This in depth article contrasts two recent cases which, at first sight, appear to take dramatically different positions on the extent to which the courts will review an employer’s exercise of its contractual discretion. The Supreme Court have recently made it easier for judges to second guess employers but it remains to be seen how willing judges will be to use this power. This is important in a wide range of situations including setting discretionary bonuses and exercising “good leaver” provisions.
All kinds of discretion
Employment documentation often gives an employer a discretion to make certain decisions. The classic example is the employer’s right to determine the size of an employee’s bonus. But contracts also give employers a discretion in a broad range of other situations. Depending on the terms of the contract examples might include the right to:
When drafting these provisions and exercising a contractual discretion that they give the key question for an employer is the extent to which the courts will police the exercise of that discretion.
This question has received significant judicial attention over the years. But since the decision of Keen v Commerzbank AG  (in which GQ’s Paul Quain and Jon Gilligan acted) the position has been clear. Traditionally, the courts will only intervene if the employer’s discretion was not exercised in good faith or was arbitrary, capricious or irrational. As the court said, “it would require an overwhelming case to persuade the court to find that the level of a discretionary bonus payment was irrational or perverse in an area where so much must depend on the discretionary judgment of the Bank in fluctuating market and labour conditions".
The decision in Keen and the economic conditions prevailing in 2007/8 effectively put an end to most City bonus litigation.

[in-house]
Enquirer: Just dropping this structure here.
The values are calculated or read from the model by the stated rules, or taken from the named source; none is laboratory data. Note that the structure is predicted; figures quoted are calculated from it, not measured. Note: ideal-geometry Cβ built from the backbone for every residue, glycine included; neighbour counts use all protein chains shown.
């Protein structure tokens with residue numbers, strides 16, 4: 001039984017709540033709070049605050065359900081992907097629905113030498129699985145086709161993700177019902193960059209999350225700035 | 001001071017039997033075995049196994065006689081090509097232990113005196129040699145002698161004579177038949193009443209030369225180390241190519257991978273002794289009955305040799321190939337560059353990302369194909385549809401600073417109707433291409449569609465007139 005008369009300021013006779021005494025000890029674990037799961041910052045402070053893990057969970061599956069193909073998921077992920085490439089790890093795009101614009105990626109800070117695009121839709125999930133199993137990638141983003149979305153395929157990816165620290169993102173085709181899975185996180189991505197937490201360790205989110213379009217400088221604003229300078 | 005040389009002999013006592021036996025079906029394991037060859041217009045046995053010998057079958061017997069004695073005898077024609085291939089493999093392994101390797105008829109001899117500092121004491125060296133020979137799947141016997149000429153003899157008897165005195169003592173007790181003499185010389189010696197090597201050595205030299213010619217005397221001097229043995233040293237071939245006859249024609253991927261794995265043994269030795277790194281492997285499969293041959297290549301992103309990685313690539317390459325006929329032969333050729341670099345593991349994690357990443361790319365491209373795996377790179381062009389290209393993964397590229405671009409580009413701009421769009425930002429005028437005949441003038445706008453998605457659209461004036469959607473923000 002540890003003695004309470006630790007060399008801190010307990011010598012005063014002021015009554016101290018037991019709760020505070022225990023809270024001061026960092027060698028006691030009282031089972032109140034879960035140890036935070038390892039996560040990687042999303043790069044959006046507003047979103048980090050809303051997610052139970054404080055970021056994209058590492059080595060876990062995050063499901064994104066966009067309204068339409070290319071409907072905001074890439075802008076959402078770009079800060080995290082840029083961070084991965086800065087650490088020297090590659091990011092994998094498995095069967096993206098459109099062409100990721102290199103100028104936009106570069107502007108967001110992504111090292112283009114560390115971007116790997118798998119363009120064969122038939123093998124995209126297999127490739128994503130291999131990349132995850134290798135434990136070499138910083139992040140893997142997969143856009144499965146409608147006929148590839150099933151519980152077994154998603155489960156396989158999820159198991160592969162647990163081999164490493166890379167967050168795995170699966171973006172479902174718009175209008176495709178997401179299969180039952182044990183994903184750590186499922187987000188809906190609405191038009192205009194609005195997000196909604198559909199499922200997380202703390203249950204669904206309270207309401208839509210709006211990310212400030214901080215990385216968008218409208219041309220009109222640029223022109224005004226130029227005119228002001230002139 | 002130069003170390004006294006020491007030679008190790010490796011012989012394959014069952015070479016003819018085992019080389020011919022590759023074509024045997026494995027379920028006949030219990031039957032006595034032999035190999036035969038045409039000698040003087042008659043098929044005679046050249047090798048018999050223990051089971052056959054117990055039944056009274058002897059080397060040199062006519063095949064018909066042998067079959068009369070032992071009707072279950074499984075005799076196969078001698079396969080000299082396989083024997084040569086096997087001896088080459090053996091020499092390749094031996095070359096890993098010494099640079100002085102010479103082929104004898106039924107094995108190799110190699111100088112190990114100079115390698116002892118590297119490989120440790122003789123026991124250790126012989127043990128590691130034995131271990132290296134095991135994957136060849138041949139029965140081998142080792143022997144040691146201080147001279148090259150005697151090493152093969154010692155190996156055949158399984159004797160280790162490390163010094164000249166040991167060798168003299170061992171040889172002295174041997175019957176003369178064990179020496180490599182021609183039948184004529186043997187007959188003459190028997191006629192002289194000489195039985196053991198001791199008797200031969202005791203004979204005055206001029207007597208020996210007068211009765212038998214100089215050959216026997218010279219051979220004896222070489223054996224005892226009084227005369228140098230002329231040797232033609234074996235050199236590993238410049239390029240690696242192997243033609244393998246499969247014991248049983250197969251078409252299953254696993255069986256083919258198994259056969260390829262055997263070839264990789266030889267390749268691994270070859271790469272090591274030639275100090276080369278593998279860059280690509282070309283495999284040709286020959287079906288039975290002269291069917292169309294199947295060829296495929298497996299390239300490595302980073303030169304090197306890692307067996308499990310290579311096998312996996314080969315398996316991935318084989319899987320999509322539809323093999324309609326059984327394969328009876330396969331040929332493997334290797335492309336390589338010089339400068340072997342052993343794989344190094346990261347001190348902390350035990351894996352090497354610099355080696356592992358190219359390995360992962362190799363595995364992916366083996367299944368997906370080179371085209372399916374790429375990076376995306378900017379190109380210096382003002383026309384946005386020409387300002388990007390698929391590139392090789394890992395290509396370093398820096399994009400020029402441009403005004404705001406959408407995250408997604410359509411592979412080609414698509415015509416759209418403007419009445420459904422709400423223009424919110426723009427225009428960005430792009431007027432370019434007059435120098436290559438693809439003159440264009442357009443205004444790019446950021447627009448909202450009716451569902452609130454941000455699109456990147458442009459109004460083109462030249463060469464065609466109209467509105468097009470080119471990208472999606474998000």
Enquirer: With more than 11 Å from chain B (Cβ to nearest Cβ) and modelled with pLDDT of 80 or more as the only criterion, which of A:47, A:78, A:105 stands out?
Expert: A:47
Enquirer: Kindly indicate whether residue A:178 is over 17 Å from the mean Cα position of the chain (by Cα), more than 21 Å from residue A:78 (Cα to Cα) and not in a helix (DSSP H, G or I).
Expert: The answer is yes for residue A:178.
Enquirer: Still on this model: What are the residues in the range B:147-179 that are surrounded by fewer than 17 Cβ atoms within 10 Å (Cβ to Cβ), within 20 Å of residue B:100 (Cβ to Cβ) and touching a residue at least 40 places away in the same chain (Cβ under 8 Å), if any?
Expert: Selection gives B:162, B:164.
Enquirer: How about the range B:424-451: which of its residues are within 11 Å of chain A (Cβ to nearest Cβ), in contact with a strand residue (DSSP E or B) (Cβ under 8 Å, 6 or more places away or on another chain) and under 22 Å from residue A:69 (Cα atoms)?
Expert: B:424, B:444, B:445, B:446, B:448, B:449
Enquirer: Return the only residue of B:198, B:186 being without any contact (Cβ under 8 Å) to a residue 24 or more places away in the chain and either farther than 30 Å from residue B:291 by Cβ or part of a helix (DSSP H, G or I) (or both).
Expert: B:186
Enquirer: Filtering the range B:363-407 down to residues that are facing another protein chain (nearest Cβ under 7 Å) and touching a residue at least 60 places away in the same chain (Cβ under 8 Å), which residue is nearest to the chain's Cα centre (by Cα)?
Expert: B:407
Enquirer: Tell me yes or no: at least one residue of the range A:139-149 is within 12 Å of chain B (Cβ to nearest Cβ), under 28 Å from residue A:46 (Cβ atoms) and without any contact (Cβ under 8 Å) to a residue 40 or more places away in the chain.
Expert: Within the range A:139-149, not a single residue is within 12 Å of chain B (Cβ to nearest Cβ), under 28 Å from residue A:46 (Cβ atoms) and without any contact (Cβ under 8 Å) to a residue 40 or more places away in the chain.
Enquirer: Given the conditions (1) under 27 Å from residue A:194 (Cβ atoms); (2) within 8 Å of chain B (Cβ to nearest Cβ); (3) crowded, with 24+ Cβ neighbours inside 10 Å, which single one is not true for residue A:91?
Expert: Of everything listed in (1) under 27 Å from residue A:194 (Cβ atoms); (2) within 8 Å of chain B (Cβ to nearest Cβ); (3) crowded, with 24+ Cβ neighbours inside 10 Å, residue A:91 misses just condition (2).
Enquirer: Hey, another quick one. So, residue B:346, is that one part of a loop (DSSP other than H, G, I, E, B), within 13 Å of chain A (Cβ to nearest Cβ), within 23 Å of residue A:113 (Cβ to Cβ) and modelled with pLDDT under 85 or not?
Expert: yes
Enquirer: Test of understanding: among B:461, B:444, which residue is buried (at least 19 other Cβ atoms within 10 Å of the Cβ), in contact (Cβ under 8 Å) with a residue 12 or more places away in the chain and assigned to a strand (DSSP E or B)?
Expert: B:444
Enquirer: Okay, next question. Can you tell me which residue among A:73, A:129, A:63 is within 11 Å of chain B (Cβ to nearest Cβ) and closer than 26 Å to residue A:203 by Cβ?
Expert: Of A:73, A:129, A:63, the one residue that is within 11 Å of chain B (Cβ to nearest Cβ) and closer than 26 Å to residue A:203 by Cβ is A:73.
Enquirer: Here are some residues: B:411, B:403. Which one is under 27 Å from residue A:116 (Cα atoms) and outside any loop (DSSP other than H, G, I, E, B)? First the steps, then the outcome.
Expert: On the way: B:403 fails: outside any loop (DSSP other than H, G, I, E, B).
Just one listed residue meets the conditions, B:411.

It's all about process
As reported by us last year, in Braganza v BP Shipping Limited , the Supreme Court have extended the orthodox position represented by cases like Keen.
Now it appears that when exercising discretion:
(1) not only must the substantive decision be rational (i.e. made in good faith and not arbitrary, capricious or irrational as per Keen); but
(2) the decision making process must be rational (i.e. in the sense that the decision maker must only take relevant considerations into account and must disregard irrelevant considerations).
This is significant because is allows the court greater flexibility to unpick the employer’s decision.
Whilst Braganza is decision of the Supreme Court the facts are very unusual. It concerned an employment contract that provided for the payment of death benefits subject to an exclusion if “in the opinion of the employer or its insurers” the employee committed suicide. The employee concerned was an officer aboard an oil tanker who was tragically lost overboard in unexplained circumstances. The employer concluded that suicide was the most likely explanation and the employee’s widow challenged that decision.
Lady Hale, giving the leading judgment, held that whilst the substantive decision could not be said to be irrational (applying Keen) the decision making process was not rational because the employer had failed to take relevant considerations into account. In this case, she held that the decision maker failed to take into account the inherent improbably of suicide, had failed to have regard to evidence that pointed against suicide and had failed to properly apply his mind to the question.
These are principles familiar to those challenging Government in judicial review proceedings but until now are alien to employment lawyers.
What about bonuses?
The first case to seek to extend Braganza was Patural v DB Services (UK) Ltd  which we reported late last year before the full judgment had been issued.